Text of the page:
Diary of a Yankee Engineer: The Civil War Story of John H. Westervelt, Engineer, 1st New York Volunteer Engineer Corps

By John H. Westervelt; Anita Palladino | Go to book overview

Diary of an Engineer During the
Rebellion

May 27th 1864


No. XXXVIII

To day we spent about three hours cutting a winding road up the hill the first work we have done since we have been here. 28th Up this morning by day light, eat breakfast by sun rise and struck tents at 7 O’clock. Soon after the Ellie Carl towed us down the river in a big scow. The Marines accompany us. Reached B.H. at 9 A.M. and at noon we had our tents pitched again and ready for action. We spent the afternoon in making ourselves comfortable. A Regt of infantry having just left here we found plenty of material for the purpose. Yesterday Capt Southard1 Co H Engs was mortally wounded. This is the first killed here in the Regt. Two privates have been * slightly wounded (* since dead). 29th Busy to day getting the bridge in working order. Co L reported to the depot to day for duty and all detached men are ordered back to their Cos, so that all our men will be together once more. The depots of the 10th & 18th army corps has been merged into one^^ under Lieut Coe. (^^ I reported back to Regt again. H’s men remain.) Co L being without a Captain Coe will no doubt be promoted to the position. 30th Still to work at the bridge, but we merely keep busy for the name of the thing. 6 P.M. Verry heavy firing commenced at the front. I have not heard such a roar in a long time, not since the taking of the lower end of Morris Island.

I reported back to Regt again. H’s men remain.

It is supposed the rebs attacked our lines in consequence of the greater part of our force here having left and gone down the James river. At this moment (dark) the firing at the front

1. Henry S. Southard, age 43 at enrollment on October 3, 1861. Mustered in as captain in New York City, wounded in action May 27, 1864, died of his wounds at Bermuda Hundred, Virginia, June 3, 1864. Phisterer, New York in the War of the Rebellion, p. 1648.

-137-

Notes for this page

Add a new note
If you are trying to select text to create highlights or citations, remember that you must now click or tap on the first word, and then click or tap on the last word.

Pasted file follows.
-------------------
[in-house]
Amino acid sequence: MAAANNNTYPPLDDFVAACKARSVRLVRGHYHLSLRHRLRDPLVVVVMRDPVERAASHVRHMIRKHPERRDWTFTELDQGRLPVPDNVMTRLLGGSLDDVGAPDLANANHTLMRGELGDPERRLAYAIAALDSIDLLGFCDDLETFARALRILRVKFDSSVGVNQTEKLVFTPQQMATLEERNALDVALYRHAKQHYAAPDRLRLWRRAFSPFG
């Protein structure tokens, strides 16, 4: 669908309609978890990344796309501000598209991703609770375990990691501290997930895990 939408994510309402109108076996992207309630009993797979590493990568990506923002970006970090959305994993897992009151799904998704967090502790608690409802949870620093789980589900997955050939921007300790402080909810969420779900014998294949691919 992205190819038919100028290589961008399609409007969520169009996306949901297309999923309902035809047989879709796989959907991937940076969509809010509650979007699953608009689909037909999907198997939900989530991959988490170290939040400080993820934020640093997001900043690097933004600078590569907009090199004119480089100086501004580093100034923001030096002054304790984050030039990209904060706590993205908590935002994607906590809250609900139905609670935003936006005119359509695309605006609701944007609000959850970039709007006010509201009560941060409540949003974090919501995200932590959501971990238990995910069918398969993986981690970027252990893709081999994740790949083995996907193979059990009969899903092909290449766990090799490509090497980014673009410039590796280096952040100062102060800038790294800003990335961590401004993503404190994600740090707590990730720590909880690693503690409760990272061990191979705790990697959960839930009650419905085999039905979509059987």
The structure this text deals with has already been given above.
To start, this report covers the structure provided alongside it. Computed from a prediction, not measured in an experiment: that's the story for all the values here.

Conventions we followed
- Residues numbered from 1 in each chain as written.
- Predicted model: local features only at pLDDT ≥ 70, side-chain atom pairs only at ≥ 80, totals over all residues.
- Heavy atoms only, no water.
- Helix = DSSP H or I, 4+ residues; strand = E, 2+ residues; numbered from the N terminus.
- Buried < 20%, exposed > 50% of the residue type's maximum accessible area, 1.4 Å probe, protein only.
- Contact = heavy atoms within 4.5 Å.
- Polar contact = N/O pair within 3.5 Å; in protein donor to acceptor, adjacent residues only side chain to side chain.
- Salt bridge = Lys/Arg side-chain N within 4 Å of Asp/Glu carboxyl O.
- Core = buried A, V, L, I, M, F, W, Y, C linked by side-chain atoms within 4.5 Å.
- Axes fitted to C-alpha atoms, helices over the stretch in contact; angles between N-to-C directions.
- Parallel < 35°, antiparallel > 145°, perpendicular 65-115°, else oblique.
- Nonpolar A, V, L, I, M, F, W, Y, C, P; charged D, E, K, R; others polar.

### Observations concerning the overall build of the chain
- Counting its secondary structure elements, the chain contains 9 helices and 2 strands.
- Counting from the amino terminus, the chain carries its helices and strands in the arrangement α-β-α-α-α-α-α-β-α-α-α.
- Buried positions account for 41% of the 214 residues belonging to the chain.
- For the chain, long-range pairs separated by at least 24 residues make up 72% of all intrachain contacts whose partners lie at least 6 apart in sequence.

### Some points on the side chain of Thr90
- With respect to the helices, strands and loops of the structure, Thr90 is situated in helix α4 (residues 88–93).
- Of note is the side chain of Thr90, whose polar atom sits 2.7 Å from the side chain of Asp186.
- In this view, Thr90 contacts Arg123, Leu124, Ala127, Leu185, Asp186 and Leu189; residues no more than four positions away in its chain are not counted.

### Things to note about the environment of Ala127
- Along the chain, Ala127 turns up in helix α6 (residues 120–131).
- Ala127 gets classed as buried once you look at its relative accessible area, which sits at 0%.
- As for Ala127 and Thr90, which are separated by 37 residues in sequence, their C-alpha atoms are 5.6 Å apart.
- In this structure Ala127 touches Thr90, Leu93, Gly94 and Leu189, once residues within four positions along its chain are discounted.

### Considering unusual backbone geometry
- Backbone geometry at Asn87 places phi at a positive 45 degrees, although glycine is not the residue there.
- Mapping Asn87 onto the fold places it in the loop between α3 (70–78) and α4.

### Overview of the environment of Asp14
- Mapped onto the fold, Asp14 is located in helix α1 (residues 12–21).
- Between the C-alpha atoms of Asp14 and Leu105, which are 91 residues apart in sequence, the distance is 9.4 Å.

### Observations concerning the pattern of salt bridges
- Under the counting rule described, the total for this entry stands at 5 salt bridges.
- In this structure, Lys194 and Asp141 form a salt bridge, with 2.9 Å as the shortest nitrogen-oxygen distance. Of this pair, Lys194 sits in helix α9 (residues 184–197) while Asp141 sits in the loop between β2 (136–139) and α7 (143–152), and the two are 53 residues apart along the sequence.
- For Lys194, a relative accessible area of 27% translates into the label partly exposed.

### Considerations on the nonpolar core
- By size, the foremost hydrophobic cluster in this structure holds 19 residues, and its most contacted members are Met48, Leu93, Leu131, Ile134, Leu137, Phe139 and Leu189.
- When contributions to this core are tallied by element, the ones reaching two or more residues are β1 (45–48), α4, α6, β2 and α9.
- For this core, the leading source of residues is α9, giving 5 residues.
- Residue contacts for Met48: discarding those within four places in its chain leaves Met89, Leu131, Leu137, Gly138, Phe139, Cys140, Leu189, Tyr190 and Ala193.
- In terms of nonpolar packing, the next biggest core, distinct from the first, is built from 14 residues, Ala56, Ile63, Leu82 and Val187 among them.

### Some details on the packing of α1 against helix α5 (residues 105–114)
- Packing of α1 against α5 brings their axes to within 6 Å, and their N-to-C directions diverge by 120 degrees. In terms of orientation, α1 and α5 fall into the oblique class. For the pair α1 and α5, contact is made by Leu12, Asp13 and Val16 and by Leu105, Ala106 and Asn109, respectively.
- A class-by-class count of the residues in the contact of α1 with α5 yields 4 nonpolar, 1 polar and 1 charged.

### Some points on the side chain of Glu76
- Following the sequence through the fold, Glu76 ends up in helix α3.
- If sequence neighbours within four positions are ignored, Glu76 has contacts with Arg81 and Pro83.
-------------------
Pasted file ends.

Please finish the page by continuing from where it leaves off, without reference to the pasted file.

One moment ...
Default project is now your active project.
Project items
Notes
Cite this page

Cited page

Style
Citations are available only to our active members.
Buy instant access to cite pages or passages in MLA 8, MLA 7, APA and Chicago citation styles.

(Einhorn, 1992, p. 25)

(Einhorn 25)

(Einhorn 25)

1. Lois J. Einhorn, Abraham Lincoln, the Orator: Penetrating the Lincoln Legend (Westport, CT: Greenwood Press, 1992), 25, http://www.questia.com/read/27419298.

Note: primary sources have slightly different requirements for citation. Please see these guidelines for more information.

Cited page

Bookmark this page
Diary of a Yankee Engineer: The Civil War Story of John H. Westervelt, Engineer, 1st New York Volunteer Engineer Corps
Table of contents

Table of contents

Settings

Settings

Typeface
Text size Smaller Larger Reset View mode
Search within

Search within this book

Look up

Look up a word

  • Dictionary
  • Thesaurus
Please submit a word or phrase above.
Print this page

Print this page

Why can't I print more than one page at a time?

Help
Full screen
Items saved from this book
  • Bookmarks
  • Highlights & Notes
  • Citations
/ 268

matching results for page

    Questia reader help

    How to highlight and cite specific passages

    1. Click or tap the first word you want to select.
    2. Click or tap the last word you want to select, and you’ll see everything in between get selected.
    3. You’ll then get a menu of options like creating a highlight or a citation from that passage of text.

    OK, got it!

    Cited passage

    Style
    Citations are available only to our active members.
    Buy instant access to cite pages or passages in MLA 8, MLA 7, APA and Chicago citation styles.

    "Portraying himself as an honest, ordinary person helped Lincoln identify with his audiences." (Einhorn, 1992, p. 25).

    "Portraying himself as an honest, ordinary person helped Lincoln identify with his audiences." (Einhorn 25)

    "Portraying himself as an honest, ordinary person helped Lincoln identify with his audiences." (Einhorn 25)

    "Portraying himself as an honest, ordinary person helped Lincoln identify with his audiences."1

    1. Lois J. Einhorn, Abraham Lincoln, the Orator: Penetrating the Lincoln Legend (Westport, CT: Greenwood Press, 1992), 25, http://www.questia.com/read/27419298.

    Cited passage

    Thanks for trying Questia!

    Please continue trying out our research tools, but please note, full functionality is available only to our active members.

    Your work will be lost once you leave this Web page.

    Buy instant access to save your work.

    Already a member? Log in now.

    Search by... Author
    Show... All Results Primary Sources Peer-reviewed

    Oops!

    An unknown error has occurred. Please click the button below to reload the page. If the problem persists, please try again in a little while.